The Fight Online Sex Trafficking Act recently passed by Congress has caused Craigslist to take down its “personals” page to prevent users from using the page inappropriately.
Under the new act, companies overseeing websites will be responsible for misconduct committed by people participating in various platforms.
The act, designed to reduce sex trafficking, was passed to keep children and those targeted by sex traffickers safer online. Holding websites accountable for what users post will make website owners more aware of the platform and how to reduce misuse.
According to govtrack, “The Stop Enabling Sex Traffickers Act would open a crack in that prohibition. The bill would allow the government to prosecute websites which knowingly help or promote sex trafficking, and also allow users to sue those websites.”
This one of the most stringent restrictions made to the Craigslist platform since Craigslist’s “erotic services” and “adult services” pages were taken down after a woman was murdered.
According to NPR, Craigslist said, “Any tool or service can be misused. We can’t take such risk without jeopardizing all our other services, so we are regretfully taking craigslist personals offline. Hopefully we can bring them back some day.”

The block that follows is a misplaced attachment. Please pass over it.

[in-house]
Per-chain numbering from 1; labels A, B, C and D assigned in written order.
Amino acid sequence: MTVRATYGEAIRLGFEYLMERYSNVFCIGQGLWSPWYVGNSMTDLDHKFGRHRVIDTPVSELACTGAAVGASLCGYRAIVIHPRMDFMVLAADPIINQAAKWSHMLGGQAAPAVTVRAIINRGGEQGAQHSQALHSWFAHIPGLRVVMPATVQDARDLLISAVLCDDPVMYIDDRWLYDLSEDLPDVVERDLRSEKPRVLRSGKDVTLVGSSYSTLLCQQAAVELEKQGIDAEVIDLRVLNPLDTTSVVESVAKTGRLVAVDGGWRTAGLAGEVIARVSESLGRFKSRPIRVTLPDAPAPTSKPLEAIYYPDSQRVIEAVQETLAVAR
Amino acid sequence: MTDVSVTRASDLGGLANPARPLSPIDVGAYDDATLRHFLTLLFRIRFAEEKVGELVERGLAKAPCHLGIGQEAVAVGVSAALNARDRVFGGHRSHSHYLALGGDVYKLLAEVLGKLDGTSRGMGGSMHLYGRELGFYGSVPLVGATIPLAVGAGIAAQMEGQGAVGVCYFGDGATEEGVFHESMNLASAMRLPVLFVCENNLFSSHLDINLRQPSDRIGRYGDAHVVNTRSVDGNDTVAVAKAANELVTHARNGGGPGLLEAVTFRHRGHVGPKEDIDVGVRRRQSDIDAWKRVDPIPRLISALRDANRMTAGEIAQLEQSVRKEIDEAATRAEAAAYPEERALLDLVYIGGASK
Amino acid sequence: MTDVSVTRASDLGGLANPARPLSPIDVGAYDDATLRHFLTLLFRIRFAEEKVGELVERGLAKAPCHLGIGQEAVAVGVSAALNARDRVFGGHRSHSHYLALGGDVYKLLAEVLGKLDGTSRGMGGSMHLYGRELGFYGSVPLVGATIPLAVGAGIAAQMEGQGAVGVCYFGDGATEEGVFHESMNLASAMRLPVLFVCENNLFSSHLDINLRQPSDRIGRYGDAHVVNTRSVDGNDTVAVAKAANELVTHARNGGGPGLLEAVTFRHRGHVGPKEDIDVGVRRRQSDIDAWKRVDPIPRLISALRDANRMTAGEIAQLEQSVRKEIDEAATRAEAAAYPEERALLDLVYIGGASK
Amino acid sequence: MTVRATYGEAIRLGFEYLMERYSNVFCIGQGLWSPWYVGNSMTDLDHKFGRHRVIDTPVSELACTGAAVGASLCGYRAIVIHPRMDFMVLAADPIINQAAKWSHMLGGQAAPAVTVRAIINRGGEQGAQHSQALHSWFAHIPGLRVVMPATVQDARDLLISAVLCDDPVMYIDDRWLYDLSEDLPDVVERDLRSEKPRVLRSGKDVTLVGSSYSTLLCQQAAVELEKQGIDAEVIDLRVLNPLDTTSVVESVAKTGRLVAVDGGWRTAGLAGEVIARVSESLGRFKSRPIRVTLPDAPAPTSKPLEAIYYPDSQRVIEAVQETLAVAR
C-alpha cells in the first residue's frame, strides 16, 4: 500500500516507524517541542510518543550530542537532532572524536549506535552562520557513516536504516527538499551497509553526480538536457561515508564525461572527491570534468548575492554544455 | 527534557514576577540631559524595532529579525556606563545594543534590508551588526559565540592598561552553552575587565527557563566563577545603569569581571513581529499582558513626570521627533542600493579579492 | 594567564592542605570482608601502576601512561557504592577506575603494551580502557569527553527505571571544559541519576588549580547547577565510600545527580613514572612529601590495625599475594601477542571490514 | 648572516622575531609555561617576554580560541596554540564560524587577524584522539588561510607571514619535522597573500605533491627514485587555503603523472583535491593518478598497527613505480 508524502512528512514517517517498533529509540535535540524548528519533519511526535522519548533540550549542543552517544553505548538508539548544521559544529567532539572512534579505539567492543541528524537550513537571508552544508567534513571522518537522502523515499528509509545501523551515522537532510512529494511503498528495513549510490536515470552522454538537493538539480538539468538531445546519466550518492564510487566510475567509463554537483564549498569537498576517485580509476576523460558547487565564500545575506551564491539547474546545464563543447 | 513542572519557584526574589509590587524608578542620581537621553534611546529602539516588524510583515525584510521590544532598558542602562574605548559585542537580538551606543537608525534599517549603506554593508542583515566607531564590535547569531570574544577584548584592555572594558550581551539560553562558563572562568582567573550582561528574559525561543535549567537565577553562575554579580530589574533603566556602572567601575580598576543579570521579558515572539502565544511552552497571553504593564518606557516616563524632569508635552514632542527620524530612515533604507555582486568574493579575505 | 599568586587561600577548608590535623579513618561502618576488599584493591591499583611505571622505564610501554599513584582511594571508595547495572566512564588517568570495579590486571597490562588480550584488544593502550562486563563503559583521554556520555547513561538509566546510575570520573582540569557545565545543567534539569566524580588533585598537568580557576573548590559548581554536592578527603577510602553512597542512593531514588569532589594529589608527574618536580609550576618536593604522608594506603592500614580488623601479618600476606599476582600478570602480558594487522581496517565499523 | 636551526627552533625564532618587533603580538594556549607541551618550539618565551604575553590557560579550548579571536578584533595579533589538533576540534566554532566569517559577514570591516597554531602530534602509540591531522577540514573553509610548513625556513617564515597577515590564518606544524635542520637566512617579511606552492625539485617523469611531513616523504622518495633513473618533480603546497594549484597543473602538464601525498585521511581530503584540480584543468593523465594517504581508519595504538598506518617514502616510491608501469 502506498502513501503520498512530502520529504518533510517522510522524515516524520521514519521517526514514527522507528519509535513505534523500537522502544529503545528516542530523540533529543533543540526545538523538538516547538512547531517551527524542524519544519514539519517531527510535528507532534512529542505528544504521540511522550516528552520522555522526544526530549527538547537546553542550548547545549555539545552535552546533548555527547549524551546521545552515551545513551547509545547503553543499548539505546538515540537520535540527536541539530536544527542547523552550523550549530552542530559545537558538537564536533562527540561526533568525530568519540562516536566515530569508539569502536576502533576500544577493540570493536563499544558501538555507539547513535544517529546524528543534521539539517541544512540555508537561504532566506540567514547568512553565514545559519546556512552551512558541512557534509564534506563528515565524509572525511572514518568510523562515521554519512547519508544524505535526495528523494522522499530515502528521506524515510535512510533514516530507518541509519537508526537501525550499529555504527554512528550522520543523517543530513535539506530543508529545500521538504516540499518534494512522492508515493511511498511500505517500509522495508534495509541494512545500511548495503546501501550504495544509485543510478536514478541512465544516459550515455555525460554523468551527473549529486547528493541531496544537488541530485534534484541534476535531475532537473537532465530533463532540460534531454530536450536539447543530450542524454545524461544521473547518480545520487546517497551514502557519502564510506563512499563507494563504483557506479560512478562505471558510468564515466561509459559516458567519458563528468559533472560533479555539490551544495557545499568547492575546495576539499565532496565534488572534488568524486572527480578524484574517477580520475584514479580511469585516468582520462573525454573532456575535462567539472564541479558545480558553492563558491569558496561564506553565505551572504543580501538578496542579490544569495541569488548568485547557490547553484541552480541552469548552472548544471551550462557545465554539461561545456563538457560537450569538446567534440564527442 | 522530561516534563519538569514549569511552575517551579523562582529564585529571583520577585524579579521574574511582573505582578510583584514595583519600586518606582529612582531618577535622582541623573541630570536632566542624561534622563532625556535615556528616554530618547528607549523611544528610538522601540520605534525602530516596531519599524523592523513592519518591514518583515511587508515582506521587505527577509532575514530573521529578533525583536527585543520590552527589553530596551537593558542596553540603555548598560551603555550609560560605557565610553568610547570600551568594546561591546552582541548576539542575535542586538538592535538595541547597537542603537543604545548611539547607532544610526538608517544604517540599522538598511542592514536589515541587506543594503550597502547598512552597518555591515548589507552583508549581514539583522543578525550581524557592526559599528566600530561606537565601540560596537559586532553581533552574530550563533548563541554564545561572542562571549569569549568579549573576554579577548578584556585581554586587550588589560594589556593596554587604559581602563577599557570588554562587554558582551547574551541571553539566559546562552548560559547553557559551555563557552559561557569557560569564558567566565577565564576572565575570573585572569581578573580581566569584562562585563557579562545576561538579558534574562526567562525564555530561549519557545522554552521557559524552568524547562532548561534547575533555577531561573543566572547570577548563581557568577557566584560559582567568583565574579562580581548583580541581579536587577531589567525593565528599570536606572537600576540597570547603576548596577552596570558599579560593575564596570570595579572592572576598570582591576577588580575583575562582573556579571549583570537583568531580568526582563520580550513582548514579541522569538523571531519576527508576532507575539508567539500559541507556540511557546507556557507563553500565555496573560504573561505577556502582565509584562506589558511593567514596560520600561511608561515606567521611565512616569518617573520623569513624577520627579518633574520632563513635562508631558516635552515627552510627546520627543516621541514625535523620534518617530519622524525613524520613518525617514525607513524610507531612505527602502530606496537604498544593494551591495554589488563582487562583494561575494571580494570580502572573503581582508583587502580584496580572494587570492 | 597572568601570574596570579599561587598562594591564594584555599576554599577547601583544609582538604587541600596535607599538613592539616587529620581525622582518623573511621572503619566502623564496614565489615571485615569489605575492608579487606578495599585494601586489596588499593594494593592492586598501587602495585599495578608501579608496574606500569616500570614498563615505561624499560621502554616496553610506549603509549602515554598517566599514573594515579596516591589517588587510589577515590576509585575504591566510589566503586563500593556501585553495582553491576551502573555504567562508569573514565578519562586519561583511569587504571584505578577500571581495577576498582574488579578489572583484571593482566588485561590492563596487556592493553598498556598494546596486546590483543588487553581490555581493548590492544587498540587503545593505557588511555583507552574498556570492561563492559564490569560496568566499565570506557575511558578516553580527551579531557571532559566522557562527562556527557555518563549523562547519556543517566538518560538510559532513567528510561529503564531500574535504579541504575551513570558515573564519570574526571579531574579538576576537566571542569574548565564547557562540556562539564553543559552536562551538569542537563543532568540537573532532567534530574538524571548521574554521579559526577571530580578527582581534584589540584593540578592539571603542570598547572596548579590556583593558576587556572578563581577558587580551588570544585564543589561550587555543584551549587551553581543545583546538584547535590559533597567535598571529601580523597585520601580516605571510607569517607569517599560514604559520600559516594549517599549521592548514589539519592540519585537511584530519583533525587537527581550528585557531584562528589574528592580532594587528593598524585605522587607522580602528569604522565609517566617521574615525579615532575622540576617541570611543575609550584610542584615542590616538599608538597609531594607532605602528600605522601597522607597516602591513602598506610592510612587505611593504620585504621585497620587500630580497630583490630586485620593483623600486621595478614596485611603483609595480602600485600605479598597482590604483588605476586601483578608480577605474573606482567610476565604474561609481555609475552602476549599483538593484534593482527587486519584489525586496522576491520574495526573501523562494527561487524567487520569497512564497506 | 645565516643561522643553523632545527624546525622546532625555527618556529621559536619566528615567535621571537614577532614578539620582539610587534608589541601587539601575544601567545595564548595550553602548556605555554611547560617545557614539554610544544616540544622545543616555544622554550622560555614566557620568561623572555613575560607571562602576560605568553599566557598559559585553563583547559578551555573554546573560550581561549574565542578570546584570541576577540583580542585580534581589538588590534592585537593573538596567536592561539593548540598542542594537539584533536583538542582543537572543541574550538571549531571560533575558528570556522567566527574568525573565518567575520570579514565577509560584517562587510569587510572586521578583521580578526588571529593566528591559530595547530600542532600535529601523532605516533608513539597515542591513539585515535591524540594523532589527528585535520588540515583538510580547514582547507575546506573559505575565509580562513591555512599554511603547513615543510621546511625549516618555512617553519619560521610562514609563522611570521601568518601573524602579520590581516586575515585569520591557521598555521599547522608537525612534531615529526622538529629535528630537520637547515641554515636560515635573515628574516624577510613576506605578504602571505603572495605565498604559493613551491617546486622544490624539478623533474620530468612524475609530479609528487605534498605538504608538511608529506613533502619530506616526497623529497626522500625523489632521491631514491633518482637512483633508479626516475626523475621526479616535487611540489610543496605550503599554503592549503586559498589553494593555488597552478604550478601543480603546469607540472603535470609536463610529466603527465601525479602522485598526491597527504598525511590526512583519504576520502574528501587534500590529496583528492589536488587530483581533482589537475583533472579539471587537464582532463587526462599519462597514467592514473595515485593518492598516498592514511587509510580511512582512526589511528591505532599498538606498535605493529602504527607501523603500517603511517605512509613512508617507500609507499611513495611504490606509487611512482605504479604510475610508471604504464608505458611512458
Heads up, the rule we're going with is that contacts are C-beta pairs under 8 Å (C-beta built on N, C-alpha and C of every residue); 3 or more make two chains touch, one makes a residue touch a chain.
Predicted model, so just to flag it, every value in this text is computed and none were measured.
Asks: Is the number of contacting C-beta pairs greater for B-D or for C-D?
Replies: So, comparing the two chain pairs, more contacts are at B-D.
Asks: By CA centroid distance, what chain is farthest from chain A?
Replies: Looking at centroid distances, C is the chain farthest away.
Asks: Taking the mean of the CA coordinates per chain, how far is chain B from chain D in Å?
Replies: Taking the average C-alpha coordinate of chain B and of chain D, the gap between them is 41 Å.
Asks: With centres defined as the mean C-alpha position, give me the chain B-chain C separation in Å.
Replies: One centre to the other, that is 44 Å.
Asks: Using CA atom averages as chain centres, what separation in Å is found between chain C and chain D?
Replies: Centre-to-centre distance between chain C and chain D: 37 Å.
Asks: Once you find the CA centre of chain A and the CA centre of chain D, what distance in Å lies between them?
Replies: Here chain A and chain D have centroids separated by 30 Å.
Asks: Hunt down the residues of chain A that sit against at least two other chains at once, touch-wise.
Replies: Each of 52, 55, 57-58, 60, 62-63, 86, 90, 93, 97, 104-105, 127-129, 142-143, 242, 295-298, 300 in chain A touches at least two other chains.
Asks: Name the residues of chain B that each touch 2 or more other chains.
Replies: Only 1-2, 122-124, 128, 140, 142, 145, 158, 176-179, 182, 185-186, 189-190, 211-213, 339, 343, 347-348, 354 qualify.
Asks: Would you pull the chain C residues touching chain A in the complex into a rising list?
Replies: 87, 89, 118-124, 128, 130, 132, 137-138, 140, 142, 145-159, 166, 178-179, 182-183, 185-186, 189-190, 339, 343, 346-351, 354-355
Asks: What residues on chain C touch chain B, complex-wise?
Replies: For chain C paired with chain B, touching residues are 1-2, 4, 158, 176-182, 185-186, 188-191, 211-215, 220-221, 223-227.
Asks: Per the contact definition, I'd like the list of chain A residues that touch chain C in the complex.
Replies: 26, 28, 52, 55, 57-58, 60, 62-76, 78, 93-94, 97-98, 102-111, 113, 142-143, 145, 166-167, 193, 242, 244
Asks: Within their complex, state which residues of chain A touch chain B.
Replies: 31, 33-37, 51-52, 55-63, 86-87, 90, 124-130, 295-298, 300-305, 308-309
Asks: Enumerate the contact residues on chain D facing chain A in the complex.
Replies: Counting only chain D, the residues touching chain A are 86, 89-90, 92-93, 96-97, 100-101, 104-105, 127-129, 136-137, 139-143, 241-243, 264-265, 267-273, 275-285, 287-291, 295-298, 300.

Other website owners will likely need to make changes as well, modifying their design and service offerings to reduce participants’ ability to misuse the platform or use it for sex trafficking.
Sex trafficking, according to Ark of Hope For Children, is an industry that can affect as many as 300,000 people every year in the United States. As social services and families continue to look for solutions, some groups believe that holding websites accountable for the actions of sex traffickers could change the number of children who are targeted online by recruiters in the sex-trafficking industry.
However, the act brings up concerns for free speech on online platforms.
Currently, most websites are protected by Section 230 of the 1996 Communications Decency Act, a legal protection that gives a broad layer of immunity to online companies from being held liable for user-generated content.
According to Aaron Mackey, a Frank Stanton legal fellow at the Electronic Frontier Foundation, the efforts could be cause for worry.
“This bill can return us back to a time before Section 230 was passed in which platforms will be increasingly liable for content posted by third parties that they may not know about,” Mackey told CNN.
He added that while the Googles and Facebooks of the world are armed with legal teams that can help them battle any flood of lawsuits, it’s more concerning for smaller companies with more limited resources.
As a result, websites will need to censor the posts of users, as well as tailor website design and services in a way that makes them unconducive to sex traffickers or those looking to use online platforms in ways other than creators intended.